During the writing of these articles, I was reminded that I have access to the only known library of documents related to how Lansing acquired ownership of the Lansing Municipal Airport, with the possible exception of the Lansing Historical Society.
Over the last 30-plus years the Village has adopted the idea that the historic Ford Hangar is a symbol of the Village of Lansing. It has neglected to say that the Ford Hanger would not be in existence today without it being a part of the Historic Chicago-Hammond Airport, soon to become the Lansing Municipal Airport.
The airport was built by Henry Ford in 1926 in the early days of the history of aviation in the Chicagoland area. Ford paid $1 million for the 1.446 acres of land. This was three times the value of surrounding farm land. He built the airport for the purpose of transporting goods to his growing automobile factories in Chicago, Detroit, and Cleveland. That system in itself was historic because it was the first commercial airline devoted exclusively to transporting parts and equipment within one organization.
Although the Ford Company never made its intensions for further Lansing development known to the public, many speculated that Ford was going to build a factory near the airport that would have employed thousands of people. Ford sold his airport in 1933. The speculation was that the decision was dictated by the current depressed economy and the flying fatality of one of Ford’s close friends.
For a period of time the airport was the base for various businesses, flying clubs, and schools. One of those was the University of Chicago that in 1940 used it for training naval pilots.
When the Village decided to purchase what was left of Ford’s initial holdings only 100-acres remained. It was then believed and reported that if the Village had not accepted responsibility for the airport, the owner was entertaining offers from a low-cost housing developer.
I can relate this story now because it was taught to me by Harold Christian, who had been spearheading the Lansing effort to have the Ford Hangar recognized as a National Historical Place. It was then understood that with a public sponsor like the Village, the airport would be in a position to apply for funding from federal- and state-endorsed programs. Understanding this, the next move by the Village was to enter into a purchase agreement to buy the airport at an agreed price of $1.75 million. This price was not determined by an official appraisal at the time, and this would become a problem that the airport would have to deal with later.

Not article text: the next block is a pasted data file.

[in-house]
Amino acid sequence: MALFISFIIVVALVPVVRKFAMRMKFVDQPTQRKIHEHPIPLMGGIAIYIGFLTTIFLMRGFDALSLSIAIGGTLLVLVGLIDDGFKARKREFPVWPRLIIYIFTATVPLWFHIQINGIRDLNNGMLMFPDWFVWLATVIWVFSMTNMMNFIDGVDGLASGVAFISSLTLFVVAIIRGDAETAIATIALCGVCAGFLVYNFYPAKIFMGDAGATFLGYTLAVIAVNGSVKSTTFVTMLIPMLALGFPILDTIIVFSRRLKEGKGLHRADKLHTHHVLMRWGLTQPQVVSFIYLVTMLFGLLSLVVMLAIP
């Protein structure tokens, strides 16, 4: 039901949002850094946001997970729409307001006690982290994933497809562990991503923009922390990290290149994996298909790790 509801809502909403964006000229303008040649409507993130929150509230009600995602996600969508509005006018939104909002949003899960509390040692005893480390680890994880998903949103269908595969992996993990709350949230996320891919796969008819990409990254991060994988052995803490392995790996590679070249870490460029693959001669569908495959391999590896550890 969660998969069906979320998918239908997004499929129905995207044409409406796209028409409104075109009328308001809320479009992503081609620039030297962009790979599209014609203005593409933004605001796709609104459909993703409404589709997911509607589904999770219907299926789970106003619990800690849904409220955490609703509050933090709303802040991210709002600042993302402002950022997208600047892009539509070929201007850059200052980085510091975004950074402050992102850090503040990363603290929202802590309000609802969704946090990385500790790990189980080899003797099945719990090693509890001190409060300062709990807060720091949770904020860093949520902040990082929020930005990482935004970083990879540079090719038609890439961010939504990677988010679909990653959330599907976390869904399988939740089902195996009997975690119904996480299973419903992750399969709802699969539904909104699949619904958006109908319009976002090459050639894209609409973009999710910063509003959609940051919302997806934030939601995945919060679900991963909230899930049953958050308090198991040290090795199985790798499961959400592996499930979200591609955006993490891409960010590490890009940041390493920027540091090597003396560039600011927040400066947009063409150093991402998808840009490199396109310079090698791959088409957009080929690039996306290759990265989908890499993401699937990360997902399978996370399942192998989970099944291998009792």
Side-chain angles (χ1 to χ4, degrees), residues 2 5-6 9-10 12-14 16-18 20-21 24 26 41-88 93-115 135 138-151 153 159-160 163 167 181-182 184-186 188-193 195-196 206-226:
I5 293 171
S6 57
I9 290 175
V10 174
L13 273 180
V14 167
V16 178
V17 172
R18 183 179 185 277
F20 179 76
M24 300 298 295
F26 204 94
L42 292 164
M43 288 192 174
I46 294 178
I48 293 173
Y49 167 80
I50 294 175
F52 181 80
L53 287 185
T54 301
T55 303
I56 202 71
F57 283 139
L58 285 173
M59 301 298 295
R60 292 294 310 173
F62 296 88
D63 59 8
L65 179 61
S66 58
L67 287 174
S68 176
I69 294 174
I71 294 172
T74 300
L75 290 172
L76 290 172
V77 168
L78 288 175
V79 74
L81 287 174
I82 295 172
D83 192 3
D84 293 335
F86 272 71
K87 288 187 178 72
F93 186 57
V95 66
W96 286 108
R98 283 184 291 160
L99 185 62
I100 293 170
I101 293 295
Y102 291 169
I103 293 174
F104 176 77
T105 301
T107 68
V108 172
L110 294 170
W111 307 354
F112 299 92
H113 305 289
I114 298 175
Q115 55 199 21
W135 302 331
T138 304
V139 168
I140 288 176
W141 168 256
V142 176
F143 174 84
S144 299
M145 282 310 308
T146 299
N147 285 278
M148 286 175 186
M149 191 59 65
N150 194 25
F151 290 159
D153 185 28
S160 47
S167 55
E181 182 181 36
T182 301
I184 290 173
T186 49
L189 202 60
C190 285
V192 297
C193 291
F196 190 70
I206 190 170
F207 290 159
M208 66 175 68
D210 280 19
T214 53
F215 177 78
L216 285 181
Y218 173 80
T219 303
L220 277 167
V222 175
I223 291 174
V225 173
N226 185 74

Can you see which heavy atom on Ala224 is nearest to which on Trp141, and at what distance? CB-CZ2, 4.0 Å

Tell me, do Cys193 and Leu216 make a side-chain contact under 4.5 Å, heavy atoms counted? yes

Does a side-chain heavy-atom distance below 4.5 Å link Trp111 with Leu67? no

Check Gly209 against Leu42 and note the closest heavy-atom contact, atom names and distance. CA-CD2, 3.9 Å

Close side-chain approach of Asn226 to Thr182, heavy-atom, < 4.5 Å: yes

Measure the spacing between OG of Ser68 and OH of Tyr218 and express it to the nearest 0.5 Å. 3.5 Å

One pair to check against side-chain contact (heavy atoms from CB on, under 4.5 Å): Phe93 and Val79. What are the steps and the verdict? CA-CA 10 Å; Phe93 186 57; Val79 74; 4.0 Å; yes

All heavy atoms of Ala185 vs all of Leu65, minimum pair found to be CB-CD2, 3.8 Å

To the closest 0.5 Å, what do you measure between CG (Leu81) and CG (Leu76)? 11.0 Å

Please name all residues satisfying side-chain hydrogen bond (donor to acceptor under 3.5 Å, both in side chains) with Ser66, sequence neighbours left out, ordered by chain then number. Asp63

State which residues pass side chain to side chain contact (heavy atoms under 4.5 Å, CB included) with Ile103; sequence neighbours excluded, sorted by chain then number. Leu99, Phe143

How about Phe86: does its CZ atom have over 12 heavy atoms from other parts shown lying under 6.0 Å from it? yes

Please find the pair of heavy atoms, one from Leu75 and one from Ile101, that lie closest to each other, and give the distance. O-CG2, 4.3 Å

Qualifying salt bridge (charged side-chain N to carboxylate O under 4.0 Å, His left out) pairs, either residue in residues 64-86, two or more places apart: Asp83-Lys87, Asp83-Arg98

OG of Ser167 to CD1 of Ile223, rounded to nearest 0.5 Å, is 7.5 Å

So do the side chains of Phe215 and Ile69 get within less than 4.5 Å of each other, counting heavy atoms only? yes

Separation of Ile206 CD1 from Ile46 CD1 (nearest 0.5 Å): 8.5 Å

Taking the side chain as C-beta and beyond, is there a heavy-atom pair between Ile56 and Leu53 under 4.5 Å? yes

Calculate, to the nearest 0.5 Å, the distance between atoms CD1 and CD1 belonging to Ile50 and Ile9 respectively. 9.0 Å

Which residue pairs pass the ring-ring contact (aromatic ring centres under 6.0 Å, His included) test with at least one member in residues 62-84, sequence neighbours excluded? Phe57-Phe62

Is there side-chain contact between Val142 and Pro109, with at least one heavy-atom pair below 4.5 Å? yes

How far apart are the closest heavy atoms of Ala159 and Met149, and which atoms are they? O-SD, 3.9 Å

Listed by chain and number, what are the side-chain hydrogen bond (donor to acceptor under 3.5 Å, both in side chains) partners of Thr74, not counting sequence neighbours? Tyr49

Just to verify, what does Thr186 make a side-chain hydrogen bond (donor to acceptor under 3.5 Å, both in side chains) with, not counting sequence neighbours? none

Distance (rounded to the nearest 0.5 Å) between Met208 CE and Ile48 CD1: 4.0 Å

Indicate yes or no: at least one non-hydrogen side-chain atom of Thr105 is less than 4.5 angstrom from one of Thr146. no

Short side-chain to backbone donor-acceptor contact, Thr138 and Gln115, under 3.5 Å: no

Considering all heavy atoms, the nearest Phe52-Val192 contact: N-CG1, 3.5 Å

The details of the purchase agreement stipulated that time would be allowed for the Village to apply for the funding to be secured. The Village would be required to pay interest to the owner until final payment was made, and that too would become a problem. That annual interest was $87,000 dollars.
It was not understood at that time that the Federal Aviation Administration (FAA) could only fund airport projects that did not comply with its established funding guidelines. In Lansing’s case it would have to support the purchase price by an authorized appraisal.
A second problem was that the airport did not have clear title to the land south of the east-west runway, which violated the FAA clear zone requirements. Funding could not be released until both problems were corrected. That would delay finalizing the provisions of the purchase agreement and force the continued payment of interest.
It was then that the McNary administration appealed to the Illinois Department of Transportation (IDOT) for help. The State, realizing the airport’s situation, did respond and indicated willingness to deal with the Lansing situation. In a letter from the Director of IDOT it was proposed that the State and Lansing enter into a partnership that would serve to preserve the airport.
One paragraph from the April 15, 1977, letter to Mayor McNary explains the details in the proposal:
“The Illinois Secretary of Transportation will enter into an agreement with the City of Lansing which will help assure the acquisition of this airport by the City. In recognition of the unique situation and effort on the part of the City, the State is prepared to advance $80,000 as soon as possible to the city to ease the local burden imposed by the delayed review of the Application for Federal Assistance. This amount represents the normal State’s share of federally assisted airport development projects. The State is also prepared to advance the Federal share for the airport purchase should such advance be necessary to preserve the services provided by the Lansing Airport.”
In effect, Illinois was loaning the Village of Lansing the money to finalize the agreement with the seller to eliminate the interest payments and would wait to be reimbursed until the funding was released.
That ends a full chapter of the history of how Lansing acquired ownership of the airport. The next chapter would explain how Lansing moved to understand how to comply with the federal guidelines to continue its master plan for future airport development. With their guidance, the Lansing Municipal Airport would be awarded over $30 million to help it continue its purpose of promoting aviation service for the country.
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